Bad and I had never been eager to put Izz in a walker..even until now..
He is about to reach 10 months old in just a few days..and I've seen remarkable milestones from him that are rarely seen from other babies (using walker)..
He is always at the level of 1 to 2 months ahead from his own age, alhamdulillah..He was already cruising (moving around upright while holding onto furniture) while babies his age had only started to crawl.
The more modern we are, the more we realize that nature's way is the best..
Below is an article from babycenter.com.my about baby walker..
Should I buy my baby a baby walker?
Written for BabyCenter Malaysia
Julia Youll answers:
Putting a baby in a walker is like giving a teenager a Ferrari - a dangerous risk. That's why, as of April 2007, Canada has banned the sale of baby walkers.
UK data also suggests that more accidents and injuries happen in babywalkers than with any other form of baby equipment. This is because they give babies extra speed (a baby can reach up to one metre per second in one zoom), extra height and access to multiple hazards.
Most injuries are caused by falls when the baby walker tips and the baby is thrown downstairs or crashes into furniture, heaters or ovens. There is also an increased risk of your baby being burnt by previously inaccessible objects, such as candles and hot cups of tea. Thirdly, it allows her to reach household poisons, such as perfume, mouthwash or alcohol, left at a previously safe level.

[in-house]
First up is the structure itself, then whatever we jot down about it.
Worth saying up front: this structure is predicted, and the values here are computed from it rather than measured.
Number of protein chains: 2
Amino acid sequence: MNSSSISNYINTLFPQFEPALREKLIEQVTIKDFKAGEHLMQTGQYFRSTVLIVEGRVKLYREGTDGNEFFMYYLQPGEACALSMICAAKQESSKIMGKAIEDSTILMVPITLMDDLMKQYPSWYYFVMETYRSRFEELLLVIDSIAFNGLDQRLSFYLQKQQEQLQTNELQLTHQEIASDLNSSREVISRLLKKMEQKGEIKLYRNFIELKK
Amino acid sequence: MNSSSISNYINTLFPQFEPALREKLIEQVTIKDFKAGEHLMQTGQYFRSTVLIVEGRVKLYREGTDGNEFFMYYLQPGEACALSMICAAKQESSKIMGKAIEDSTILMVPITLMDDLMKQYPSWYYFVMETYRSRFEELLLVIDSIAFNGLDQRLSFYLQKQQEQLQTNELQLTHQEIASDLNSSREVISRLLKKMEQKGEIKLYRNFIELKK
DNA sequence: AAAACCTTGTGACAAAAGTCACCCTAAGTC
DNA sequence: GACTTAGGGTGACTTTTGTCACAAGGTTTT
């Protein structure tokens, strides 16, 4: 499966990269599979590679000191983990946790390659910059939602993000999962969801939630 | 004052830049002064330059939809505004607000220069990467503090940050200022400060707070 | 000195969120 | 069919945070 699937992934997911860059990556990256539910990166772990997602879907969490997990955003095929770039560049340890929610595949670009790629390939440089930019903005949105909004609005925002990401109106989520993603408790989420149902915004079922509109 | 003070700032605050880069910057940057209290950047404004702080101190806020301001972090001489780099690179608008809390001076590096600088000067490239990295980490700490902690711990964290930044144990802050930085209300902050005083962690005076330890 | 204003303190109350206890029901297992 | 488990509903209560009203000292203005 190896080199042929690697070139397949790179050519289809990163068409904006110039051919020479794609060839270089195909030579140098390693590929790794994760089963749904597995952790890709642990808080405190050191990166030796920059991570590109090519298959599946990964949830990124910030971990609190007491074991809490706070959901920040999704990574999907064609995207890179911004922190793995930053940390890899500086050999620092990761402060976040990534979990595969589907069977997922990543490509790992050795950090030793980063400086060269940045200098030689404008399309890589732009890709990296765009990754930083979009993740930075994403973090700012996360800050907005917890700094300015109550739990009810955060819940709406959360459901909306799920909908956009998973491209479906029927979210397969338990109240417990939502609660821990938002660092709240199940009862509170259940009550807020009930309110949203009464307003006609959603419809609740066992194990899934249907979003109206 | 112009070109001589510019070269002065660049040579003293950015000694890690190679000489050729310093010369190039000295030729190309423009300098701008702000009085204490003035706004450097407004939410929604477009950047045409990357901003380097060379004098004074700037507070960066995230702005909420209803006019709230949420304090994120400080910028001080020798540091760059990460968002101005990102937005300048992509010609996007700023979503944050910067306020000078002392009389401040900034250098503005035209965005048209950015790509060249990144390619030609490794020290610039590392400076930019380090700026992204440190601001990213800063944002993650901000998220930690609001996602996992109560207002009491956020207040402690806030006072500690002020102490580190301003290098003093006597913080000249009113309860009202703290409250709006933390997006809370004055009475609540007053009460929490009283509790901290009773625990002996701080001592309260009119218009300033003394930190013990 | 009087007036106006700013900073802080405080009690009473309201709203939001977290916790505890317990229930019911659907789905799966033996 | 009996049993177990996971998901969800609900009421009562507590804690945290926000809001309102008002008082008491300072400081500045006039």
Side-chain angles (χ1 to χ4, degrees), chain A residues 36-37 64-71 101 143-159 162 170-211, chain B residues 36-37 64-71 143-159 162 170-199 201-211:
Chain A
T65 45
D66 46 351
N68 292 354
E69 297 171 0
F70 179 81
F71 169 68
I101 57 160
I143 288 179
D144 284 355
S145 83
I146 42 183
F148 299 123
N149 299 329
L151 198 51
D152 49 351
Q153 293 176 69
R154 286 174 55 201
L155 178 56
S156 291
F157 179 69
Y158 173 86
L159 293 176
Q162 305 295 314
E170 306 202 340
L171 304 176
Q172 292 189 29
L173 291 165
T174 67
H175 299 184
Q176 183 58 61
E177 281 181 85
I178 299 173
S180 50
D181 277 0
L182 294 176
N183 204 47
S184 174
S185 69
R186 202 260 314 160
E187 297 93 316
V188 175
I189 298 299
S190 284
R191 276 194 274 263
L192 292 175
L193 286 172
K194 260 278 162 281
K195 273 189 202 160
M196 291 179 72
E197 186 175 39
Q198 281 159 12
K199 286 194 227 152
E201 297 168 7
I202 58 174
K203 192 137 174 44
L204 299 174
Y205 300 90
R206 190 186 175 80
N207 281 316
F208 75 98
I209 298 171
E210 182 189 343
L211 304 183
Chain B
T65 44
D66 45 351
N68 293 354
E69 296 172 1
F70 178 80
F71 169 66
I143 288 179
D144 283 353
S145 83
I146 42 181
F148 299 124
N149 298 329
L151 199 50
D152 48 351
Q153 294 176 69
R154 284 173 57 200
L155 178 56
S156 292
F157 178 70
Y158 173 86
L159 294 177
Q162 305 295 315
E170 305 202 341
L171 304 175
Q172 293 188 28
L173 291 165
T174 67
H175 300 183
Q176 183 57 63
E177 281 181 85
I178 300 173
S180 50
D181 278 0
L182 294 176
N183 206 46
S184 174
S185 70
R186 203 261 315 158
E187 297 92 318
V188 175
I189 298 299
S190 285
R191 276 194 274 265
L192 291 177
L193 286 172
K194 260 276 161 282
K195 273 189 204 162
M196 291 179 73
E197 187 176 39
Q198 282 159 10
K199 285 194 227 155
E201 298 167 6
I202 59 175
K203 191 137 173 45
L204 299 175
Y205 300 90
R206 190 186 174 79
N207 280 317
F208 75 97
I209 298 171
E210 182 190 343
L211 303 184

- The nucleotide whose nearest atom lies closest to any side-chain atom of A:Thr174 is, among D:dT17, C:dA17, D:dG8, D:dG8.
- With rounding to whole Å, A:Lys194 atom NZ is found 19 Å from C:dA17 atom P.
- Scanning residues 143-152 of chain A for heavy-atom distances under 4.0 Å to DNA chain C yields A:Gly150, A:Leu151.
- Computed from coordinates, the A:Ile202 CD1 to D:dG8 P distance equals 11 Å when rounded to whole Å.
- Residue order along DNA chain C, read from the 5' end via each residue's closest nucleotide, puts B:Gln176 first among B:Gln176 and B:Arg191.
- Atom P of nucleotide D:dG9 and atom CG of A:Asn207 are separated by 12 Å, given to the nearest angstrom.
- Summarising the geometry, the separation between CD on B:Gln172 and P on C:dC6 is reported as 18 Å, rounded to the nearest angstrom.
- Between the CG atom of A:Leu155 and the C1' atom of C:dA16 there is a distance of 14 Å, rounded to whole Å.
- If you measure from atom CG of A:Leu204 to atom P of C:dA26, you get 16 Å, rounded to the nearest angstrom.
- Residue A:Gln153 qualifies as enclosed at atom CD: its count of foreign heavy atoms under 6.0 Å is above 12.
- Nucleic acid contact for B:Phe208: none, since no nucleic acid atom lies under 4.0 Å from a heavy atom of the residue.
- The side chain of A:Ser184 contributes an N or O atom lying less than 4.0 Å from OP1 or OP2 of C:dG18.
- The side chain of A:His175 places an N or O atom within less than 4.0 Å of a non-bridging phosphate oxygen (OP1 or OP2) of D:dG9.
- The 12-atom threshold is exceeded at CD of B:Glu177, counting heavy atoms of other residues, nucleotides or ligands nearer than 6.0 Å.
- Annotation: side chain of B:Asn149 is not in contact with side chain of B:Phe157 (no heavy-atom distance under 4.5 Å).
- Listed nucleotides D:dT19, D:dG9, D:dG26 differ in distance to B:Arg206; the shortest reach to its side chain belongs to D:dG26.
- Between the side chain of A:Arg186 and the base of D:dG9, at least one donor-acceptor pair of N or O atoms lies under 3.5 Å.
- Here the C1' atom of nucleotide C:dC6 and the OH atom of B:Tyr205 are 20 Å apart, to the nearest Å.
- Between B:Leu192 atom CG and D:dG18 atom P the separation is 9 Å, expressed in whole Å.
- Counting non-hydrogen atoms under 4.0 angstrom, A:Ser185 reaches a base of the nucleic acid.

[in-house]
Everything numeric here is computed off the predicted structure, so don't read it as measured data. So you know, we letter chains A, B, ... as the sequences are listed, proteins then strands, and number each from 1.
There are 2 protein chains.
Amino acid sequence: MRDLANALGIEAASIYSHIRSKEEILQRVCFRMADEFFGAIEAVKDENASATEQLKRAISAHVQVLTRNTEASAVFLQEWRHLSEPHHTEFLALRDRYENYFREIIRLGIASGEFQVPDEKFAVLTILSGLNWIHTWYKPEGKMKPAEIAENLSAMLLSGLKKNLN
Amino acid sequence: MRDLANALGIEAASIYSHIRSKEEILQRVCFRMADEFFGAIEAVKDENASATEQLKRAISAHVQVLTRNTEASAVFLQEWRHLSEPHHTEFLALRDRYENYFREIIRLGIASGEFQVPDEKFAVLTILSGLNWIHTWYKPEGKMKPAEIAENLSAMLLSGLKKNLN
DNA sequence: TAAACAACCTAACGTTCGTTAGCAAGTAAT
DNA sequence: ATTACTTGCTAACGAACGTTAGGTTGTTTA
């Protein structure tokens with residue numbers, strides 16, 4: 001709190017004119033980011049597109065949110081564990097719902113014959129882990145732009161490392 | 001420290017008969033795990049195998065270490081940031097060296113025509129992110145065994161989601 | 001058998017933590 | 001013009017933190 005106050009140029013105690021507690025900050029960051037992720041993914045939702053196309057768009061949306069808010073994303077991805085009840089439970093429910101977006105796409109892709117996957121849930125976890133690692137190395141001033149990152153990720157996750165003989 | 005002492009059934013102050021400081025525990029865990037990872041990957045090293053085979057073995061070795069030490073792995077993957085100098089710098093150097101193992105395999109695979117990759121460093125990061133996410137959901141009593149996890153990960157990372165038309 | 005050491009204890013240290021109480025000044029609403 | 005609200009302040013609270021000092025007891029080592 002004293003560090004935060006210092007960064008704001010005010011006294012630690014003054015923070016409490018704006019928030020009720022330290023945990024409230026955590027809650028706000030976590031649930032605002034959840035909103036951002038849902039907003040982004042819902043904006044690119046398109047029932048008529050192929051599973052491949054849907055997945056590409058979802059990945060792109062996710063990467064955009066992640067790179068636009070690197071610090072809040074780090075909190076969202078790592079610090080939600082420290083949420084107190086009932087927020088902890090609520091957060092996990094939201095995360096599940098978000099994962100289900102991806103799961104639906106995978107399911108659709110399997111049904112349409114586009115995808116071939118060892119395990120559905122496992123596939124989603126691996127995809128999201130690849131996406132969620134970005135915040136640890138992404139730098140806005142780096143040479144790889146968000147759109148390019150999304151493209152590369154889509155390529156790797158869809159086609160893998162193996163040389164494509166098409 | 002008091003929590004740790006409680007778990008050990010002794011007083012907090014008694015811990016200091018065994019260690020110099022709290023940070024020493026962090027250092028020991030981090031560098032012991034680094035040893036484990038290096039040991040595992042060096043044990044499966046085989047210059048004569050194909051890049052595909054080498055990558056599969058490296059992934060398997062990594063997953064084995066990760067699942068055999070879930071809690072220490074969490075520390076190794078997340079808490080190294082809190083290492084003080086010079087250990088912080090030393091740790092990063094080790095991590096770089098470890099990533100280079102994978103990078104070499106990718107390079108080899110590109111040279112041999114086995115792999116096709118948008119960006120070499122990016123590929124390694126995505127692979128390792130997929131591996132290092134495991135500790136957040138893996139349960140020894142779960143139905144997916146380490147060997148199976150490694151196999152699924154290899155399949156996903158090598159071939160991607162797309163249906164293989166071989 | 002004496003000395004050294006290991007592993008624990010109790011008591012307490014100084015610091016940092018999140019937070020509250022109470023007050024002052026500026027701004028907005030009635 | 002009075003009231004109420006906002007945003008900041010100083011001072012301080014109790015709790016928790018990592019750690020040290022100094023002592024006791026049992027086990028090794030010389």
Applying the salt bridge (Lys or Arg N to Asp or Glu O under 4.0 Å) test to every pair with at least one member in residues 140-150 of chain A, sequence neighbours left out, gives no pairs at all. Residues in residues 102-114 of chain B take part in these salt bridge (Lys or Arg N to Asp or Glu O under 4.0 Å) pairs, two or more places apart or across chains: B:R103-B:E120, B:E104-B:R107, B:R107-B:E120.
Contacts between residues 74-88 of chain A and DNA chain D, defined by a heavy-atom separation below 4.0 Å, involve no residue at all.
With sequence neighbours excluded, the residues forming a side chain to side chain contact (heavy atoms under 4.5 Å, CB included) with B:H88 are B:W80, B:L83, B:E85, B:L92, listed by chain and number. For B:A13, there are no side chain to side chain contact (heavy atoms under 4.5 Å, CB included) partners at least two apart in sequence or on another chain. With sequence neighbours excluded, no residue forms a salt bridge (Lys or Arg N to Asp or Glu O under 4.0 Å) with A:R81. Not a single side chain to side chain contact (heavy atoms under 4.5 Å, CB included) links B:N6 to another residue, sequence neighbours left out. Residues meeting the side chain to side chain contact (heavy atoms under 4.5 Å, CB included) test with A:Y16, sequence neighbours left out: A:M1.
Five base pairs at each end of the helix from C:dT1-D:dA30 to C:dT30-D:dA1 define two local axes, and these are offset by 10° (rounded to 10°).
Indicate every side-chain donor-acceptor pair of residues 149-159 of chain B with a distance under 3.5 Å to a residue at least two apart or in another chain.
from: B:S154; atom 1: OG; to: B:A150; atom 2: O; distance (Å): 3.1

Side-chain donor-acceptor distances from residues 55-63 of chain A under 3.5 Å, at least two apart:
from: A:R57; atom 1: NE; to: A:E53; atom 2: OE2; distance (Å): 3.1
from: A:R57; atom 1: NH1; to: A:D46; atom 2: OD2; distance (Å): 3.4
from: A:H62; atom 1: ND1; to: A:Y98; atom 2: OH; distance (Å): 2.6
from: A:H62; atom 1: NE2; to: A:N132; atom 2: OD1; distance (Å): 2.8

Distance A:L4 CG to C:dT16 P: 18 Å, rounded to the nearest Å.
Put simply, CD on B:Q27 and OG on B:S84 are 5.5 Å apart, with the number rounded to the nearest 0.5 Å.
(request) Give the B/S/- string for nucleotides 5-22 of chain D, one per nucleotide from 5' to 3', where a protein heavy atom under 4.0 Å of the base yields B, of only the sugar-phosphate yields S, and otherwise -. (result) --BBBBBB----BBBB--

Most people believe that when a baby is occupied in his little 'wagon', he is safe and can be left unsupervised for short periods. In reality, extra vigilance is needed when your baby is in a walker and your baby would be safer left on the floor in a hazard-free room. (Read tips on baby-proofing your house.)
Walkers won't help your baby learn to walk and in fact, using one too much may even delay her development slightly. A baby needs to roll, crawl, sit and to play on the floor, in order to reach her developmental milestones.
In spite of the worrying statistics, an outright ban on walkers could be unrealistic. Some experts feel they should be designed only for babies over nine months of age who are already sitting and crawling, and are limited in the speed that they can travel.
If someone suggests a walker for your baby, consider alternatives or, better still, let her exercise on the floor in the good, old-fashioned way.
Reviewed by Dr Winston Yong Sin Chuen, former associate professor at Universiti Kebangsaan Malaysia, now a consultant paediatrician in private practice in the Klang Valley